By Drew Clark
The Bell companies' entry into the video marketplace has the potential
to shake the cable, satellite and broadcasting businesses, and SBC
Communications has been aggressive on the policy questions it raises.
But SBC has been saying different things about its Internet-protocol
television (IPTV) to different audiences. As the company has suffered
policy and public-relations setbacks, it has changed its message to
suit its needs.
Company executives have offered different stances on: whether the
company will provide a la carte, or channel-by-channel, programming;
whether it must pay franchise fees to local governments; and how much
it will build out its high-speed Internet service.
The company also is defining itself as a cable provider not under
telecommunications law but under copyright law -- further tangling the
policy issues surrounding Bell entry into the video marketplace.
Some of SBC's divergent messages have been delivered at almost exactly
the same time but to different audiences. At the June SuperComm
telecommunications conference in Chicago, a company executive
dismissed the a la carte approach to a content-centered audience while
a higher-level group president promoted that model to a group of
On Monday, at a downstairs conference session devoted to IPTV and
heavy with officials from the movie and television industries, Vice
President Jeff Weber said SBC's technology would uniquely utilize
digital video recorders and high-definition television.
"Which is all different than saying we are going to do something crazy
like a la carte or something that is completely and totally disruptive
in the marketplace," he said. "We can't, because our content providers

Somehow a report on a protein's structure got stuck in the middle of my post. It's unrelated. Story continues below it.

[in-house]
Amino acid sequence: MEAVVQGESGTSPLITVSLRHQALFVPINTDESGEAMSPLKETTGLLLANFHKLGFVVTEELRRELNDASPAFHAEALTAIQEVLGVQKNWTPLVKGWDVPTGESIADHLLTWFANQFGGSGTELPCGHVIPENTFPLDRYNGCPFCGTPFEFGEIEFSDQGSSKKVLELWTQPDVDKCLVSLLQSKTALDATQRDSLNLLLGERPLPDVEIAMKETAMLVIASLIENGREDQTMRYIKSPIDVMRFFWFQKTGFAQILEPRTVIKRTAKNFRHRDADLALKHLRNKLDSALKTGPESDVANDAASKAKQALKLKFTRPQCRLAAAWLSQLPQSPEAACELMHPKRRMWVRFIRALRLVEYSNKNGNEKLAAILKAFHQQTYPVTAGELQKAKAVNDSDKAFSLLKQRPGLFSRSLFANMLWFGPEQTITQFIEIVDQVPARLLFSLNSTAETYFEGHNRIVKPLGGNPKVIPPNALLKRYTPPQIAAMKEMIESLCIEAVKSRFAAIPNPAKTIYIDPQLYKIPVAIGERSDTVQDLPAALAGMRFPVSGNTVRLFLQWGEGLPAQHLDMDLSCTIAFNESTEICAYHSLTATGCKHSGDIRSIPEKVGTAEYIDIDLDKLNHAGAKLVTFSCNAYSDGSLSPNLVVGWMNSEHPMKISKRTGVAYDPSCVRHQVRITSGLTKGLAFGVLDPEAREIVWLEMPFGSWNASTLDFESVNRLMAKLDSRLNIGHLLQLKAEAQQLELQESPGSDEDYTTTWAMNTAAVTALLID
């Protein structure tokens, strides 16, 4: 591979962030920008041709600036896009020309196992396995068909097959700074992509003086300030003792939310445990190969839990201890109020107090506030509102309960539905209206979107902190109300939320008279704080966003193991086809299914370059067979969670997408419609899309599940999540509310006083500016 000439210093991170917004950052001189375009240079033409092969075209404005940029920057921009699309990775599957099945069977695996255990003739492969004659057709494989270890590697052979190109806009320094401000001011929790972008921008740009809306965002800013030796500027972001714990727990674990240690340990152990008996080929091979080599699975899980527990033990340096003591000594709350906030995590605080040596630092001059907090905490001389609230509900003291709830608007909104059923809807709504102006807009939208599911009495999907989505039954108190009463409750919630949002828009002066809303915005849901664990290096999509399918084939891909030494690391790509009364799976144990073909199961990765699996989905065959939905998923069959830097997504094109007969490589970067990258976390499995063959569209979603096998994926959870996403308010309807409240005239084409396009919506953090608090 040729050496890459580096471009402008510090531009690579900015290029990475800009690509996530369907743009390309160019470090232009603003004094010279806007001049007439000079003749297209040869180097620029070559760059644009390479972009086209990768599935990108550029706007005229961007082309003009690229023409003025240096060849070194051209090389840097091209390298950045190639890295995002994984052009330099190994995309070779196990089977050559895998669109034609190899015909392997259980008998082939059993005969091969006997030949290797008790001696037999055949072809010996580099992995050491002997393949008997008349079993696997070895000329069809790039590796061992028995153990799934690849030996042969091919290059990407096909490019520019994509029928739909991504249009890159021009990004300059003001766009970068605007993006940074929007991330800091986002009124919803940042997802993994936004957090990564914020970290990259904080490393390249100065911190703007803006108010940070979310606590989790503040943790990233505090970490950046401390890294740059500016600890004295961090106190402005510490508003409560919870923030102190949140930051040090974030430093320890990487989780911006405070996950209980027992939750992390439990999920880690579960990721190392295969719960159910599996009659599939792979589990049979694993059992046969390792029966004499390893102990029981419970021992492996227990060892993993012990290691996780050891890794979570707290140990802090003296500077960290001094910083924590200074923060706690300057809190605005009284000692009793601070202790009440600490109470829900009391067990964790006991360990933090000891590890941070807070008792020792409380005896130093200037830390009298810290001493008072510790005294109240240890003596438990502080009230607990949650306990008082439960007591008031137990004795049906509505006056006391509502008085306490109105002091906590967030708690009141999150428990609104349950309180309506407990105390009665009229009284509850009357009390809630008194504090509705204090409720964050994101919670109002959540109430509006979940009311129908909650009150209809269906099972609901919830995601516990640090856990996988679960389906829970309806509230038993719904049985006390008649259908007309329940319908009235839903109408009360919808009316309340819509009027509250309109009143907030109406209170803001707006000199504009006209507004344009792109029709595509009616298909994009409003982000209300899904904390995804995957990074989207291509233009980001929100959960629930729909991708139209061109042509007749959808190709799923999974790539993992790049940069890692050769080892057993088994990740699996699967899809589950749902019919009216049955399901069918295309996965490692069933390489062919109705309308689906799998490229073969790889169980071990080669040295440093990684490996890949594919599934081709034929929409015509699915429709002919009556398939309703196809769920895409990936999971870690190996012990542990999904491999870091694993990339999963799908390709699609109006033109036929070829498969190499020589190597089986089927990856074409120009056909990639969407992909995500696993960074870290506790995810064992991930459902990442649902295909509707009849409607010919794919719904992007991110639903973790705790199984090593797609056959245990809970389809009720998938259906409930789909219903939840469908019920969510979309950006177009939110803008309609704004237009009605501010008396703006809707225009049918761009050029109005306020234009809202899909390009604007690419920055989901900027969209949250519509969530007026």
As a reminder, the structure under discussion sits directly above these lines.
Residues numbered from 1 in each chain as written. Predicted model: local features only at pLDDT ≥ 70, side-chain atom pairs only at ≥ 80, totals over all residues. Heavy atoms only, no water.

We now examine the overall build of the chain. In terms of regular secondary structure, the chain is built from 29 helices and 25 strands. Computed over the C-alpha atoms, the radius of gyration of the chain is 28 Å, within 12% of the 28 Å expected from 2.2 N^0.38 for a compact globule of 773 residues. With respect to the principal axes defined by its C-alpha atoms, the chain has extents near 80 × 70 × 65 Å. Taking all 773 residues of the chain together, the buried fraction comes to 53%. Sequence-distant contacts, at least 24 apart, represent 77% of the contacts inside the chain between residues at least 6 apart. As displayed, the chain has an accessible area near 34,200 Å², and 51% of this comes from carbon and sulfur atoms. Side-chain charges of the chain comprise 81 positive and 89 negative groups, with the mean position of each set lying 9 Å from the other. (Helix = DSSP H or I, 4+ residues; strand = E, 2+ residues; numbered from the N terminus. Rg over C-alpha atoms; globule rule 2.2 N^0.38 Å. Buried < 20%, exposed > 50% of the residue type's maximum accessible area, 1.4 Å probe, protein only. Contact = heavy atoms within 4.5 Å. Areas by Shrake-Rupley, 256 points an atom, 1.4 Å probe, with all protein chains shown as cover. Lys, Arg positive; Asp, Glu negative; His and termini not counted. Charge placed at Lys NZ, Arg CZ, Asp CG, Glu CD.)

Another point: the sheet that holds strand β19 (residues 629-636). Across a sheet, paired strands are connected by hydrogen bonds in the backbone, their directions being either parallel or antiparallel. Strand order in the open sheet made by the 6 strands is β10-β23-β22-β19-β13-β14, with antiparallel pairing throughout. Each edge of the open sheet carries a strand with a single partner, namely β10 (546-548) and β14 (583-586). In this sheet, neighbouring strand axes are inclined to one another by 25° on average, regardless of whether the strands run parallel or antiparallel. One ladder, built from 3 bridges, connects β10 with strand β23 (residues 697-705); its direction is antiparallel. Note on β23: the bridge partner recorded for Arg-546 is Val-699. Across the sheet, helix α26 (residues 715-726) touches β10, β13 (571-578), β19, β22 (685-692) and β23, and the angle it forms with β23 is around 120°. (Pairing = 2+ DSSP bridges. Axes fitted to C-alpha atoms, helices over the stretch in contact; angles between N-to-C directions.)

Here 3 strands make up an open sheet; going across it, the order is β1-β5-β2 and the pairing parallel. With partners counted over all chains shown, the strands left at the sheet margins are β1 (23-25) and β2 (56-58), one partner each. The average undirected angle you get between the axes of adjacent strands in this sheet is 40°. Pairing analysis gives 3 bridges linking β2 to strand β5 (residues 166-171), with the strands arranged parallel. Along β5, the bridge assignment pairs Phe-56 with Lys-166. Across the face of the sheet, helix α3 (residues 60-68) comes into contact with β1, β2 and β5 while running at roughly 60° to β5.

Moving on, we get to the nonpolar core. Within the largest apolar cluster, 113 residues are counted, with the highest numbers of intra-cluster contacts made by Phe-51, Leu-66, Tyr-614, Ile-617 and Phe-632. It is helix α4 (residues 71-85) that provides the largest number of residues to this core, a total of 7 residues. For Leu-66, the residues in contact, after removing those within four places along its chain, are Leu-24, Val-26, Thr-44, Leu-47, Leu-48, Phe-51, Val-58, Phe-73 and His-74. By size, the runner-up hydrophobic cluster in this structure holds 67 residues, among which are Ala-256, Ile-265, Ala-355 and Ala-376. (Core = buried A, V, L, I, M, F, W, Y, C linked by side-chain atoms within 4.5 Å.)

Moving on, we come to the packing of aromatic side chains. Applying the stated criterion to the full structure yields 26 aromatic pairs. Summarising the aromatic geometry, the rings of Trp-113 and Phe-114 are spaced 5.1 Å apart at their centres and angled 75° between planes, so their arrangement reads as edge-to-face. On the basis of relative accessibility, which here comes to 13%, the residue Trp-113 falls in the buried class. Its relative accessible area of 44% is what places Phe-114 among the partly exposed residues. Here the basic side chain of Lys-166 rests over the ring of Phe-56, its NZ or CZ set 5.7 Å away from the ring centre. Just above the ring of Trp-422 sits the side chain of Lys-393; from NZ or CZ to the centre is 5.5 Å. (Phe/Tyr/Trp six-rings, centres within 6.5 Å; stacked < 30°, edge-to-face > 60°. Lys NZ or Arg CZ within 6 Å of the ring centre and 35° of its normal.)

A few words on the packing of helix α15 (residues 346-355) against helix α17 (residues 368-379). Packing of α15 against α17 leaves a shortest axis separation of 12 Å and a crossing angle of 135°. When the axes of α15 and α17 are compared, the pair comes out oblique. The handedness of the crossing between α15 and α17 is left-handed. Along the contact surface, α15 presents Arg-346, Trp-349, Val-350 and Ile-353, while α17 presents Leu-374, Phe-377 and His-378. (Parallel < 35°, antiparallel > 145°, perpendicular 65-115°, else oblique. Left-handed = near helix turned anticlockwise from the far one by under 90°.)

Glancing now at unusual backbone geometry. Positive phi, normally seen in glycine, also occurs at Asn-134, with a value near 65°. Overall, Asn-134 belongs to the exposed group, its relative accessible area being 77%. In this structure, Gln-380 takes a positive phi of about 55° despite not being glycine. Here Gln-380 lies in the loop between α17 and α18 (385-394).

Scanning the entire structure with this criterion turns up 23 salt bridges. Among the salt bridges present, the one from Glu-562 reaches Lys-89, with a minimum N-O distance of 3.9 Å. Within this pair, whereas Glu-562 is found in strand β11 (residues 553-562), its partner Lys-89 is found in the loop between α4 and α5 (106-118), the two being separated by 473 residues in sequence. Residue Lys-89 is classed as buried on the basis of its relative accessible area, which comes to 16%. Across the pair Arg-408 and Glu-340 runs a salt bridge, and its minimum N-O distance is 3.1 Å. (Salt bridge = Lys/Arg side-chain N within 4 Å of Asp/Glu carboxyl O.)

won't allow it, and I'm not sure it would make sense even if they
Upstairs, at a policy session the same day, SBC Group President
Forrest Miller told a different story. "We know that consumers want
more choices in video," including different packages than are
currently available from existing cable "tiers," he said. "We believe
in a consumer-driven market."
Last year, SBC executives including CEO Ed Whitacre spoke favorably of
offering consumers more choice in their television network selections,
but they have not been as vocal on the subject this year. Companies
that provide pay television to cable and satellite, like Walt Disney's
ESPN and Time Warner's HBO, do not favor the a la carte approach.
Asked about the discrepancy, SBC spokesman Michael Balmoris said
Wednesday that pricing and features for its bundles of video
programming have yet to be determined. "Since it does use Internet
protocol, there are many more functionalities," he said, adding that
packages could encompass a la carte offerings.
It may be necessary to package programming differently in order to get
consumers to switch from cable television to Bell television. "The
first thing I would do if I were the phone company is to offer a
family-friendly tier," said Robert Clasen, CEO of the Starz cable
network. "If you have a family-friendly tier, you would have friends
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